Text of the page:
Nepal is one of the most vulnerable countries in the world to rising food prices because of its reliance on imported food from India to meet national food shortfalls. And as over half the population live in remote hill and mountainous regions, transport costs mean that their food costs even more.
Farmers in these areas are at the mercy of the rain, and regular droughts combined with poor monsoon rains, along with a decline in the quality of seeds they’ve used for generations, mean that many farming families regularly go hungry.
But thanks to drought-resistant seeds from Oxfam, some training and a community seed bank, things have turned around for the village of Dola.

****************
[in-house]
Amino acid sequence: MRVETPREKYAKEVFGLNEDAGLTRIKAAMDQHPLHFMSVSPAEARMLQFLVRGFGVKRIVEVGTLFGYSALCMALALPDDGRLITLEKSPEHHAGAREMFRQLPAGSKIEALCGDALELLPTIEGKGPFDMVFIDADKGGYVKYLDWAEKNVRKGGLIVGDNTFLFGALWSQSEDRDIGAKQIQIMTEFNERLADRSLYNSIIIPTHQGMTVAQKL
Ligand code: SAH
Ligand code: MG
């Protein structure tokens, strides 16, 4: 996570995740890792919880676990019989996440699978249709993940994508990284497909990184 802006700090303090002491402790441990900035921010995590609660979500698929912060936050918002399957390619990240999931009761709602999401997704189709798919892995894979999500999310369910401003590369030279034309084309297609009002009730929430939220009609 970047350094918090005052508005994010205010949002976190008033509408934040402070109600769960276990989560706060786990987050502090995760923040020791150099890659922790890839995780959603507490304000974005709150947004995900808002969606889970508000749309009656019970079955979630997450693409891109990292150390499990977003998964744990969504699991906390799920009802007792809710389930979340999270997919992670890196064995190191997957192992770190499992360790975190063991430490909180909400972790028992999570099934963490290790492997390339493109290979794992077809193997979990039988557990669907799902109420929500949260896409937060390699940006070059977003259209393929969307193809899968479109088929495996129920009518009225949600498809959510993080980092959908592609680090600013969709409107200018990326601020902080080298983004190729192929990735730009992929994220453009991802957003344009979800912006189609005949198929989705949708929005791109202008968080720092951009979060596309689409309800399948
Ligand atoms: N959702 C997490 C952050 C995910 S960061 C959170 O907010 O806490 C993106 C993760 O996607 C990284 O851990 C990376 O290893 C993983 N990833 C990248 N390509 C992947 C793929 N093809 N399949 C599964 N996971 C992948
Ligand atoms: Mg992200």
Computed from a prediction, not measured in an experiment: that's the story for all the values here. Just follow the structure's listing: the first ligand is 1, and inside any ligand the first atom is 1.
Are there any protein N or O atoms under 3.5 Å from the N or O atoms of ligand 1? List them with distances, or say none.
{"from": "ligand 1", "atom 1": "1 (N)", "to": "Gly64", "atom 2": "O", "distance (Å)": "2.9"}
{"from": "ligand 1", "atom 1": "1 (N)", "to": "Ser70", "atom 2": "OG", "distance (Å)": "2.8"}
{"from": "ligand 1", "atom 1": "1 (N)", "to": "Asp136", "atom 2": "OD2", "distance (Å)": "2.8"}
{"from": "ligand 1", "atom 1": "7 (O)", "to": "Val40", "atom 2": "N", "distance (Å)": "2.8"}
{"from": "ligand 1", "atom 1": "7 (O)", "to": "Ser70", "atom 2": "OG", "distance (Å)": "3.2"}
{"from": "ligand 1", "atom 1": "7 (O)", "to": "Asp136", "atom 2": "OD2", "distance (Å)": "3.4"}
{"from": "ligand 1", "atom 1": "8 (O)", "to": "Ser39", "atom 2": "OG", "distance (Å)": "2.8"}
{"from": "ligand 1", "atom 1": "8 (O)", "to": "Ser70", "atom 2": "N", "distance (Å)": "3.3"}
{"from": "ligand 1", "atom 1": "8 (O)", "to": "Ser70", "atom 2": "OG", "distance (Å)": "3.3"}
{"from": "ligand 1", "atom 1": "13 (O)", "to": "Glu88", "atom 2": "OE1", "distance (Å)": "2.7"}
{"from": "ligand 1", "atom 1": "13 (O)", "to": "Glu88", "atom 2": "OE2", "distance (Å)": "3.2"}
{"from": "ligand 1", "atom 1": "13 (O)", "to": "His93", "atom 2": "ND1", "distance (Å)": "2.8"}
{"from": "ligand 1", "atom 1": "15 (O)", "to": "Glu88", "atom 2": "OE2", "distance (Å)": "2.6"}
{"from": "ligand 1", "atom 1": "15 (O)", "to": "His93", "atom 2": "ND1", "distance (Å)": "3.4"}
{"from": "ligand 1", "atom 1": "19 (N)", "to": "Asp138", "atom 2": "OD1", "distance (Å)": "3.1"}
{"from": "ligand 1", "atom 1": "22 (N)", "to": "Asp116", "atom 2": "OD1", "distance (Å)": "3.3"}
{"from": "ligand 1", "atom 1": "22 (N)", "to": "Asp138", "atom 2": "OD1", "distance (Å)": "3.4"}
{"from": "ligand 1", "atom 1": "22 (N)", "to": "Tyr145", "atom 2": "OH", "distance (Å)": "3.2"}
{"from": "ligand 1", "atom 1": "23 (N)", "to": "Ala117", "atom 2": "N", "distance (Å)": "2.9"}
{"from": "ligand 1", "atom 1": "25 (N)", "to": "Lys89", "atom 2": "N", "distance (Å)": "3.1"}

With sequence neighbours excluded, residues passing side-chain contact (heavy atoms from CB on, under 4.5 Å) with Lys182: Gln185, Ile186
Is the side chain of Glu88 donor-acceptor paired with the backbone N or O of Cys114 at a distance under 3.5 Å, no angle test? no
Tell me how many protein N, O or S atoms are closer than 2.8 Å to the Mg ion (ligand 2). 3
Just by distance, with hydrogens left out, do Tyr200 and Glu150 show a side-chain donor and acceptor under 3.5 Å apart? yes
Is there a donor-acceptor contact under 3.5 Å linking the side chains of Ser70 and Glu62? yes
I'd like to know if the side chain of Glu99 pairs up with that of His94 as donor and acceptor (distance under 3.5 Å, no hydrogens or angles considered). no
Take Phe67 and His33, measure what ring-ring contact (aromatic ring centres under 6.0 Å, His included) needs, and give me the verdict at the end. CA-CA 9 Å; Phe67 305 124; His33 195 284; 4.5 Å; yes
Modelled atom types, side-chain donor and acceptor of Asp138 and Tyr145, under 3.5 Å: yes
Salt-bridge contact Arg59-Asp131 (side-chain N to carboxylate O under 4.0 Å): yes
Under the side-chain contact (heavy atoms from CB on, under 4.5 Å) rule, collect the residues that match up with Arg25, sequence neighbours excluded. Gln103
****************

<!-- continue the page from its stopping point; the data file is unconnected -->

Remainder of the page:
Resident, Bahadur Thapa has seen the benefits of this Oxfam bright idea:
"For the last three years our harvests have declined, and although it's the first time I have used the drought-resistant seeds and I have been really impressed with the results – our wheat and potato harvest this year was best I’ve ever seen. The most impressive solution I can think of to our problems is to irrigate the land and to use these new improved seeds."
"I really want a bright future for my grandchildren. I want my granddaughter Kanchan to be educated. I want her to be independent and to make her own luck in life."